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Novel Anti-Cancer Nanomedicine for Efficient Chemotherapy

Novel nano-tool provides a new approach to use cell-based nanomedicines for effcient cancer chemotherapy

by University of Helsinki
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Exosome-Biomimetic Nanoparticles to Act as Drug CarriersThe researchers have harnessed exosomes together with synthetic nanomaterial as carriers of anticancer drugs.Credit: Santos Lab

Researchers at the University of Helsinki in collaboration with researchers from Åbo Akademi University, Finland, and Huazhong University of Science and Technology, China, have developed a new anti-cancer nanomedicine for targeted cancer chemotherapy. This new nano-tool provides a new approach to use cell-based nanomedicines for effcient cancer chemotherapy.

Exosomes contain various molecular constituents of their cell of origin, including proteins and RNA. Now the researchers have harnessed them together with synthetic nanomaterial as carriers of anticancer drugs. The new exosome-based nanomedicines enhanced tumor accumulation, extravasation from blood vessels, and penetration into deep tumor parenchyma after intravenous administration.

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"This study highlights the importance of cell-based nanomedicines," says the principal investigator and one of the corresponding authors of this study, Hélder A. Santos, associate professor at the Faculty of Pharmacy, University of Helsinki, Finland.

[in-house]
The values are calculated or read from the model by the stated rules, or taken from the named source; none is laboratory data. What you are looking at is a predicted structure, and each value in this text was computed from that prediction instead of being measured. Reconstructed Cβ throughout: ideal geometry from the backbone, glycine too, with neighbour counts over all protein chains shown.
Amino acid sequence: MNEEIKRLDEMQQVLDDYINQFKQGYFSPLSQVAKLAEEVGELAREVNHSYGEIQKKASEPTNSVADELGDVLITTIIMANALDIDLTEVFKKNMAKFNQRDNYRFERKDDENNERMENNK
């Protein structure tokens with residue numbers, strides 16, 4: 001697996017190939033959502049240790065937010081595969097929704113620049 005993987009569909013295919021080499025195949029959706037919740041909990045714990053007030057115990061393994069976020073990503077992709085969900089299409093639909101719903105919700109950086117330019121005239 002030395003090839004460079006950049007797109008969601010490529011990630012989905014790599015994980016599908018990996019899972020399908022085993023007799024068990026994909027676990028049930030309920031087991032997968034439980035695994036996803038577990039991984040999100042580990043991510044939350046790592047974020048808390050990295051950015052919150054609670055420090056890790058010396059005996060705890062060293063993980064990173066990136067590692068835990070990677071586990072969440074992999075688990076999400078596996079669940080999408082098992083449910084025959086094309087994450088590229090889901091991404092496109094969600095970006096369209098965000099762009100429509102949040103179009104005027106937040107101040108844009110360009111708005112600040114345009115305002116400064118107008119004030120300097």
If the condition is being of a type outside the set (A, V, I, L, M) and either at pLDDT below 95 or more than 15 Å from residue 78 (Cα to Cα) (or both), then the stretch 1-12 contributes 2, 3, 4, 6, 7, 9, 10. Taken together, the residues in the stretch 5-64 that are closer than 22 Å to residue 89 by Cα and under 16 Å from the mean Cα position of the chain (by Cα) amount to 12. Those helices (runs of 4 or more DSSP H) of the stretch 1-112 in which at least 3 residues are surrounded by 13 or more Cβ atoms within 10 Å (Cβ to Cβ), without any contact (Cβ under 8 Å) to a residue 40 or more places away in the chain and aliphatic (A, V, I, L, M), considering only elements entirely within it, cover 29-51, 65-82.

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Nanoparticle-based drug delivery systems have shown promising therapeutic effcacy in cancer. To increase their targettibility to tumors, nanoparticles are usually functionalized with targeted antibodies, peptides, or other biomolecules. However, such targeting ligands may sometimes have a negative infuence on the nanoparticle delivery owing to the enhanced immune-responses.

Biomimetic nanoparticles, on the other hand, combine the unique functionalities of natural biomaterials, such as cells or cell membranes, and bioengineering versatility of synthetic nanoparticles that can be used as an efficient drug delivery platform.

The developed biocompatible exosome-sheathed porous silicon-based nanomedicines for targeted cancer chemotherapy resulted in augmented in vivo anticancer drug enrichment in tumor cells. "This demonstrates the potential of the exosome-biomimetic nanoparticles to act as drug carriers to improve the anticancer drug efficacy," Santos concludes.